"Yeah, I need to hit the ball a little harder ... especially when we have less than two outs," Eaton said. I [was bad] tonight when it comes to that and nothing really bounced my way tonight, and I need to be better in those situations for this team to be successful and it definitely lays on my shoulders tonight."

Starter John Danks was also willing to shoulder blame for the loss. The left-hander entered with a 2.84 ERA and had tossed a quality start each of his first four outings, but one disturbing trend continued: He labored in the early innings. This time, it cost him.

Danks allowed three runs between the second and third innings, all with two outs, and four overall. He needed 123 pitches to get through 5 2/3 innings, none of them in 1-2-3 fashion. His ERA in the first three innings this season rose to 4.80 -- compared to a 2.40 ERA from the fourth inning on.

"I was glad to be able to go back out there and tried to get as deep as possible," Danks said. "I didn't do myself any favors, but trying to save the bullpen, trying to do everything I can to get us a chance. I certainly take the blame for the offense tonight. Ramos pitched well, but it's hard to get in a groove when you're standing out in the field for 30 minutes after each inning.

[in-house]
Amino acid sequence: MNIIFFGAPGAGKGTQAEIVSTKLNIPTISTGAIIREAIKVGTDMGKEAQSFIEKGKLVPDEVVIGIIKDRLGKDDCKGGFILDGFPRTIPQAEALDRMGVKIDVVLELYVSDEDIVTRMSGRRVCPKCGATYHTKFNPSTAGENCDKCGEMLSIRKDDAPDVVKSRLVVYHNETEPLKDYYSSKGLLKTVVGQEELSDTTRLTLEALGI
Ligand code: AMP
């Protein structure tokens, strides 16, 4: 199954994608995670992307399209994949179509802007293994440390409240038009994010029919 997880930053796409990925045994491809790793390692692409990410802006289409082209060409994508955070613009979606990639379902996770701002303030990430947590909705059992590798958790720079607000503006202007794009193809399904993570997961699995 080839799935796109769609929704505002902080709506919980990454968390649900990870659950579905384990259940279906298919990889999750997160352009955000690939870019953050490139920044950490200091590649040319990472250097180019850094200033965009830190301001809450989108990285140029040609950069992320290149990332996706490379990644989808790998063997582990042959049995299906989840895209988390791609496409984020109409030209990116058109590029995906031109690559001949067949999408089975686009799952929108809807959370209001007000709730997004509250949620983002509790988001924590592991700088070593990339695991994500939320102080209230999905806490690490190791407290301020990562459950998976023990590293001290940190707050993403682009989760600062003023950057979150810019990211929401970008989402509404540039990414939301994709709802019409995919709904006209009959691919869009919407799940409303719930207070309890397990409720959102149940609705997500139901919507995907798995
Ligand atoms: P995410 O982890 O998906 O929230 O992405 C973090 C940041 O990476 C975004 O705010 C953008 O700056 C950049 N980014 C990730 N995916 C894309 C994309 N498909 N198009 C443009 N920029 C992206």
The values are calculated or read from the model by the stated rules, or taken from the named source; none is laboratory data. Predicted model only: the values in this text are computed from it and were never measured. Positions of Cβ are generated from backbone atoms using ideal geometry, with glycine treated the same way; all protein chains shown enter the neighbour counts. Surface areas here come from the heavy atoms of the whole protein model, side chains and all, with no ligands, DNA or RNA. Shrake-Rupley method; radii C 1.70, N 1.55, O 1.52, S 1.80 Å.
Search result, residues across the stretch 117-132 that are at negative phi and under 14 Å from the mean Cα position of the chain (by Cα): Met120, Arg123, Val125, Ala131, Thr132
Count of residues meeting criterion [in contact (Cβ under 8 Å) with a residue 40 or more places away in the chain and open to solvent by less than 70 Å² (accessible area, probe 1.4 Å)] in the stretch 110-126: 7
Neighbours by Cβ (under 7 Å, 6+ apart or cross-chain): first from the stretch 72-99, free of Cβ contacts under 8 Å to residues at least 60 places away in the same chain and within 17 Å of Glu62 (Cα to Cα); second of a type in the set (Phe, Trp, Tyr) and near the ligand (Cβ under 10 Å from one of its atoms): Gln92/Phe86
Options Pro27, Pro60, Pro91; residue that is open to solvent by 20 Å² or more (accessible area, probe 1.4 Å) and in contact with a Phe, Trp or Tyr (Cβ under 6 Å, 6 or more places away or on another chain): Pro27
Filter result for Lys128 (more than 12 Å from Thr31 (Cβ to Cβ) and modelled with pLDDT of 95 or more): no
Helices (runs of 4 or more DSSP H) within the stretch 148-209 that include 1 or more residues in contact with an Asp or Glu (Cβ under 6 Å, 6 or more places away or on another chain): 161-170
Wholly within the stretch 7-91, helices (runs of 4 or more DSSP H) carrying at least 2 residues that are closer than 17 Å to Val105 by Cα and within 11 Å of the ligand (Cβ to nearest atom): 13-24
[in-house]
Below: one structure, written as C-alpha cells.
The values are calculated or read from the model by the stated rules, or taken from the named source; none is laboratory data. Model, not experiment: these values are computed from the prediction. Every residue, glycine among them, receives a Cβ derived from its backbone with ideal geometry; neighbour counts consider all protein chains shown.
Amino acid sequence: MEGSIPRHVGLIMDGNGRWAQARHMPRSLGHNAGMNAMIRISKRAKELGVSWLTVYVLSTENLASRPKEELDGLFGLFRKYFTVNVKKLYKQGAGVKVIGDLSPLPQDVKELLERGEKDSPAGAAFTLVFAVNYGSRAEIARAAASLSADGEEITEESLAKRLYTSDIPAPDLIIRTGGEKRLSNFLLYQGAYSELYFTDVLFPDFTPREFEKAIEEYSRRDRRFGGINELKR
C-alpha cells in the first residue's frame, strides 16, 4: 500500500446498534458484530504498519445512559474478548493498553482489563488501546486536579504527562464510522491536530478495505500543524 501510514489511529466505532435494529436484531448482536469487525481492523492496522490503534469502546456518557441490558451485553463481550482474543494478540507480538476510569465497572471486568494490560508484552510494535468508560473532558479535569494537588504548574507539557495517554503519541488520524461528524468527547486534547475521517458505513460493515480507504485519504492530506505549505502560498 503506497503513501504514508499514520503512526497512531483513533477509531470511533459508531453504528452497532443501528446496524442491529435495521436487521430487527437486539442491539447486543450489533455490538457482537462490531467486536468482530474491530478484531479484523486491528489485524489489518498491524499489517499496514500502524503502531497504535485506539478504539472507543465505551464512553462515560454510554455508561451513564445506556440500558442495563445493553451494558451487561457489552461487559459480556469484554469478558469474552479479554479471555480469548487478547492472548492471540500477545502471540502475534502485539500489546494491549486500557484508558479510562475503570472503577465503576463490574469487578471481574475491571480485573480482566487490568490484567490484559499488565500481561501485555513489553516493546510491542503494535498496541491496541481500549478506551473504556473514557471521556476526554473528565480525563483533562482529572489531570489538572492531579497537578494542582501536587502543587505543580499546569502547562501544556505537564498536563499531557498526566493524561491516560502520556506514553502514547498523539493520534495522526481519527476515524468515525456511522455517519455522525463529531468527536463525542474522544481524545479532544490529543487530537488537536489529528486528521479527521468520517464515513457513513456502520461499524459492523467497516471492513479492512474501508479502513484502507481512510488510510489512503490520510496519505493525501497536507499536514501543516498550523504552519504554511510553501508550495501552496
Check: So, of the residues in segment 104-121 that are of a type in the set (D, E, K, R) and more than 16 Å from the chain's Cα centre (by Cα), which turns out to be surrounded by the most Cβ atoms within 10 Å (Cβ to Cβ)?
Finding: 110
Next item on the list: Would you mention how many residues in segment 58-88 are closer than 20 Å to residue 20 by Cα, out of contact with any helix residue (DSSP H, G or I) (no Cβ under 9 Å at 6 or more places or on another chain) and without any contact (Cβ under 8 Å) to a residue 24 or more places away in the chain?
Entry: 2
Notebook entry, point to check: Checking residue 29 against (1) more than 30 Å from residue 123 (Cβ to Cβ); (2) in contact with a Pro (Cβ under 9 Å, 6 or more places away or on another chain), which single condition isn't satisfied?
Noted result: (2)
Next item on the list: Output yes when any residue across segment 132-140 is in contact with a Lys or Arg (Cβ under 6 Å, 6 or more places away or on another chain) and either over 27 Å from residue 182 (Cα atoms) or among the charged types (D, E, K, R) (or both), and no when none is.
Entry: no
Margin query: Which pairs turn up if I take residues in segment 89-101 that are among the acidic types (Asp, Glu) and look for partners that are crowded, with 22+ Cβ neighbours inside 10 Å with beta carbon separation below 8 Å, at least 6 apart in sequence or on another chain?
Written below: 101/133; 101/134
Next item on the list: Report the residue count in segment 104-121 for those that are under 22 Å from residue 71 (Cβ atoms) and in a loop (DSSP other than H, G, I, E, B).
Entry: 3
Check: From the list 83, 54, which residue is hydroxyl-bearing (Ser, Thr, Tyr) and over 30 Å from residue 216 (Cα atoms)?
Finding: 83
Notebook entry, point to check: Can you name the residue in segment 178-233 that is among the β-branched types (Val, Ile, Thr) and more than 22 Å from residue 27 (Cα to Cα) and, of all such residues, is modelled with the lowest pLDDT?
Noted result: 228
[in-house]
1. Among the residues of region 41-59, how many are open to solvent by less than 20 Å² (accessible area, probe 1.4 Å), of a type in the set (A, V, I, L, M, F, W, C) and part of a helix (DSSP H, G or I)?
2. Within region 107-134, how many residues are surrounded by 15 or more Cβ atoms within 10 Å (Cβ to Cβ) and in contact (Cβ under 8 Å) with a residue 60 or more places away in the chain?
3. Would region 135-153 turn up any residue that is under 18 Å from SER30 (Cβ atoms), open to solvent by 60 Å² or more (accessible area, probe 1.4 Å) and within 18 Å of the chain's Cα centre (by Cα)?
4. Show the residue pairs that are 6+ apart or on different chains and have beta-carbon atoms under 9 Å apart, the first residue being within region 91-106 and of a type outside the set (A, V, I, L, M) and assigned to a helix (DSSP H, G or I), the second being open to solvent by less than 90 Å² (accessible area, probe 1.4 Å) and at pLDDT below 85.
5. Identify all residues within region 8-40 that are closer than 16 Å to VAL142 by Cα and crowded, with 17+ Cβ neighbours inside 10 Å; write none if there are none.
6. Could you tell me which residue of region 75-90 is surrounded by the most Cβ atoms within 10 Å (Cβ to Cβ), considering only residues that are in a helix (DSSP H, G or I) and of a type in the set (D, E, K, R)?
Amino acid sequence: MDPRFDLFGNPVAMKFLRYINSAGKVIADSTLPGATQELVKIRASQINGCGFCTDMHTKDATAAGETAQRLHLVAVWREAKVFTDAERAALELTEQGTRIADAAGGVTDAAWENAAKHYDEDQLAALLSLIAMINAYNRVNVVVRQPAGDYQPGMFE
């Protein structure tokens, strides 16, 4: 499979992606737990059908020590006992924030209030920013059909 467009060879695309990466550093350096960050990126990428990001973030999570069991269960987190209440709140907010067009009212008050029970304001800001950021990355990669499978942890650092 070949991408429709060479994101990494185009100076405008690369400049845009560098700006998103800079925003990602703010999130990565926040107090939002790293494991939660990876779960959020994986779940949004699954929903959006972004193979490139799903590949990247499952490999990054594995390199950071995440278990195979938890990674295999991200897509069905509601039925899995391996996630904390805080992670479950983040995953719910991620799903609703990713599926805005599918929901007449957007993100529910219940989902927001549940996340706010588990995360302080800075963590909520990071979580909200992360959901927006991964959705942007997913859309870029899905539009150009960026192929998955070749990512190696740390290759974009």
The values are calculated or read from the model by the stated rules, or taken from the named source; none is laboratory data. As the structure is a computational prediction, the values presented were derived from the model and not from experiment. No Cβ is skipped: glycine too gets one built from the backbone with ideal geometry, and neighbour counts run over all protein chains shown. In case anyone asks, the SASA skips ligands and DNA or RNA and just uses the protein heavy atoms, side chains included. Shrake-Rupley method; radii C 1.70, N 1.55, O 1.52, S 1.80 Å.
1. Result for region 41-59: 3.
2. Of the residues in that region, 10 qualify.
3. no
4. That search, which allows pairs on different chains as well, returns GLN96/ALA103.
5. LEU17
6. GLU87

"This one's all on my shoulders. It happens, but I'll be ready to go next time.

The Rays put up a pair of runs in the second. James Loney singled and Logan Forsythe walked with one out. After Danks struck out Yunel Escobar, Ryan Hanigan doubled home both runners to give the Rays a 2-0 lead. In the third, Wil Myers doubled with one out and Sean Rodriguez walked with two. Loney delivered an RBI single to right that scored Myers and gave the Rays a 3-0 lead.

Danks escaped major trouble in the fourth with some help from his defense. Escobar singled and Hanigan doubled to open the frame, putting runners on second and third with no outs. Ben Zobrist hit a hard grounder down third-base line that Semien snagged on a dive. Danks then struck out Desmond Jennings and got Myers to fly out to left to strand the pair.